Journalist and educator W. Jelani Cobb writes about the enormous complexity of race in America. As recipient of the Sidney Hillman Prize for Opinion & Analysis Journalism for his New Yorker columns, Cobb was praised for combining “the strengths of an on-the-scene reporter, a public intellectual, a teacher, a vivid writer, a subtle moralist, and an accomplished professional historian”—qualities he brings to his gripping talks.
Jelani Cobb joined Columbia University’s Journalism School faculty in 2016. He has contributed to The New Yorker since 2012, and became a staff writer in 2015. Before coming to Columbia, Cobb was an Associate Professor of History and Director of the Africana Studies Institute at the University of Connecticut where he specialized in post-Civil War African American history, 20th century American politics and the history of the Cold War. Dr. Cobb is also a recipient of fellowships from the Fulbright and Ford Foundations.
Dr. Cobb is the author of The Substance of Hope: Barack Obama and the Paradox of Progress as well as To the Break of Dawn: A Freestyle on the Hip Hop Aesthetic. His articles and essays have appeared in The Washington Post, The New Republic, Essence, Vibe, The Progressive, and TheRoot.com. His collection The Devil and Dave Chappelle and Other Essays was published in 2007, and he is the editor of The Essential Harold Cruse: A Reader, published in 2002. Born and raised in Queens, New York. He is a graduate of Howard University and Rutgers University where he received his doctorate in American History.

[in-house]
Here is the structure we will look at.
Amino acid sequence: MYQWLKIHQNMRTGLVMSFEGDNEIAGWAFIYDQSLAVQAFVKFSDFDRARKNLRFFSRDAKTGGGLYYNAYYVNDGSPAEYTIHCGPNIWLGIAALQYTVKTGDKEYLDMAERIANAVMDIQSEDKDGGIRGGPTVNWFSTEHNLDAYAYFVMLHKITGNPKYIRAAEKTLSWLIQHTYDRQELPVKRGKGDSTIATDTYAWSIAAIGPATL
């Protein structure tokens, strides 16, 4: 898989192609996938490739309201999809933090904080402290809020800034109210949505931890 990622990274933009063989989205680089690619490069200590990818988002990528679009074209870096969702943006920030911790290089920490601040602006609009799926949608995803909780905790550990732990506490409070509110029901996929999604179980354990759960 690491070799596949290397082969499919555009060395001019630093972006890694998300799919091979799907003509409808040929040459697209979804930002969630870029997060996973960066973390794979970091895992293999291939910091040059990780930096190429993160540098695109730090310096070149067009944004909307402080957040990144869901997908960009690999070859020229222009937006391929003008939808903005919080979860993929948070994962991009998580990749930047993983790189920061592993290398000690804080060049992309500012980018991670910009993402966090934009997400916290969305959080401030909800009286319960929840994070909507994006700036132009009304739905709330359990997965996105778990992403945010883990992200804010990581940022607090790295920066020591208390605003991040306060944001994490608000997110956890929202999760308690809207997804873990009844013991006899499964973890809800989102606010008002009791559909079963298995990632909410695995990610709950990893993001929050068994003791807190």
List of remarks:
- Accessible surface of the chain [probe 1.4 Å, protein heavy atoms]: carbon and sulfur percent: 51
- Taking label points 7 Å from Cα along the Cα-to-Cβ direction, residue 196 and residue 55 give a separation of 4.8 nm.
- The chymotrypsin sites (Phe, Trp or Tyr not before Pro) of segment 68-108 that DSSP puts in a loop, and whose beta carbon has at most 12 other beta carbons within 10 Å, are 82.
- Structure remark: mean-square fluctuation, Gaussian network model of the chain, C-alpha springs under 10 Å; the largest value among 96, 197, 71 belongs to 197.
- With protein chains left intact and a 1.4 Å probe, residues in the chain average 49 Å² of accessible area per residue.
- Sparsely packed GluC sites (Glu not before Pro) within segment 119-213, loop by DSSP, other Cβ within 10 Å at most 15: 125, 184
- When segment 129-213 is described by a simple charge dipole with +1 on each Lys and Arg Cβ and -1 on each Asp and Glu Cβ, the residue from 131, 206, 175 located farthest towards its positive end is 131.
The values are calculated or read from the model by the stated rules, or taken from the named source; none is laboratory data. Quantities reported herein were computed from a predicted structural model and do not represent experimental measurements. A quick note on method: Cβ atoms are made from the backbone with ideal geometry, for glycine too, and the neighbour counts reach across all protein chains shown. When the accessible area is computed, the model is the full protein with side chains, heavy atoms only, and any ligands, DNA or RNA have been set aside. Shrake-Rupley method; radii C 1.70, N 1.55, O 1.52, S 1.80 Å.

This event is sponsored by the Center for the Study of Southern Culture as part of the Future of the South Initiative and the Voting and Community Activism events this fall. Other sponsors include the Division for Diversity and Community Engagement, the College of Liberal Arts, the Sally McDonnell Barksdale Honors College, the School of Law, the Arch Dalrymple III Department of History, the Department of English, the Sociology and Anthropology Department, Department of Political Science and the School of Journalism and New Media.
SouthTalks is a series of events (including lectures, performances, film screenings, and panel discussions) that explores the interdisciplinary nature of Southern Studies. As a result of the current health crisis, all events will be virtual, free, and accessible on the Center’s YouTube channel. Visit the Center’s website for up-to-date information about all Center events. Registration will be required for all events.